Monday, 18 October 2010

R.I.P. Joachim Herz, 1924-2010

News just in from Leipzig: the director Joachim Herz has died today (18 October). His 1973-76 Ring for Oper Leipzig, where he served as director of opera from 1959 to 1976, presaged the more celebrated Bayreuth 'Centenary Ring' of Patrice Chéreau. Wagner as a serious, sophisticated critic of modern capitalism was on stage – and would not easily be pushed away again, however much devotees of horns and helmets might wish otherwise. Herz bravely, however, dissociated Wagner from Marxism too, not least in his crucial decision to leave the end of Götterdämmerung open (again, compare the ‘watchers’ in Chéreau); he therefore came in for considerable criticism from more doctrinaire commentators, of whom there were many. Nevertheless, Der Union, a Dresden newspaper, went so far as to declare that Leipzig had overtaken Bayreuth, and that the focus of Wagner interpretation had passed from West Germany to its socialist confrere. (For more on the production and reactions to it, see Patrick Carnegy's excellent history of Wagner production, Wagner and the Art of the Theatre).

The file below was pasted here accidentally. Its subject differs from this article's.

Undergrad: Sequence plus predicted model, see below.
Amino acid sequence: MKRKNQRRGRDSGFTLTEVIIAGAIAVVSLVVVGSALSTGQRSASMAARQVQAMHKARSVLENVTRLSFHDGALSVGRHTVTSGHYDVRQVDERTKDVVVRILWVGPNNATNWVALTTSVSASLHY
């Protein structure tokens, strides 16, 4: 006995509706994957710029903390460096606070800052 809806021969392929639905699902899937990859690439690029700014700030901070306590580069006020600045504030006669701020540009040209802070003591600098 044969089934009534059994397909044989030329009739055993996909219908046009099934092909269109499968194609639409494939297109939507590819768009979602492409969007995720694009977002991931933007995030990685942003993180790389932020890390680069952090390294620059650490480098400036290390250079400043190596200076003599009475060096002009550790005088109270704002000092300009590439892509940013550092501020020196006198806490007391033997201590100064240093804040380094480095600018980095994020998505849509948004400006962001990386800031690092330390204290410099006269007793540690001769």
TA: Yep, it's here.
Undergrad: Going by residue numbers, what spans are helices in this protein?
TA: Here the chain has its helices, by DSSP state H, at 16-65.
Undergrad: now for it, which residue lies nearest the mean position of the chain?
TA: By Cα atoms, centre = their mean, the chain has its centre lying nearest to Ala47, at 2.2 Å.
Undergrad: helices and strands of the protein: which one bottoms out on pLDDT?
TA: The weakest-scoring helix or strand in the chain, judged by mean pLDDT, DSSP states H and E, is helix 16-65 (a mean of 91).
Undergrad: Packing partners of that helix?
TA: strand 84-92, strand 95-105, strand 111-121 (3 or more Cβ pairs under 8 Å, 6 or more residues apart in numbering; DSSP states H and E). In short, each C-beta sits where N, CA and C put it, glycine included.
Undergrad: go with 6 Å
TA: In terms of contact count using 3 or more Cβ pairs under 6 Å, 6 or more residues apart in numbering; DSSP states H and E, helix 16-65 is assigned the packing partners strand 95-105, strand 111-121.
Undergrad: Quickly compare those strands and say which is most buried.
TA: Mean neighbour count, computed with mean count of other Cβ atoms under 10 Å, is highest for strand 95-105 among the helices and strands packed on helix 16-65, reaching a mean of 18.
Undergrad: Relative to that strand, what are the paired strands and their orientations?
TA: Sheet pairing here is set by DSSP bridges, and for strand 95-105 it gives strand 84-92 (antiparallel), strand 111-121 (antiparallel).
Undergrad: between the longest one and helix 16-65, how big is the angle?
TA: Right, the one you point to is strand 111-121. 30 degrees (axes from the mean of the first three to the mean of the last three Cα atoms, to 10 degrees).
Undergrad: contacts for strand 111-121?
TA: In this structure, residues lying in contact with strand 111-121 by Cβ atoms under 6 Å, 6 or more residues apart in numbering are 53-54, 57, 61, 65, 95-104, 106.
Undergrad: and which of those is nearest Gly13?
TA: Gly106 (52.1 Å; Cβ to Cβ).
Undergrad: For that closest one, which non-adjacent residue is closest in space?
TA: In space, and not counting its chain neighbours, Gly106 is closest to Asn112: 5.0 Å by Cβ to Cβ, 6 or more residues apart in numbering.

In 1976, Herz would succeed Walter Felsenstein at the Komische Oper, Berlin. For a director in the GDR, Brecht could hardly fail to loom large, of course - and he already had in Herz's Ring. Here is a clip from Herz’s Aufstieg und Fall der Stadt Mahagonny:

And here, an example of Herz's work in rather different repertoire: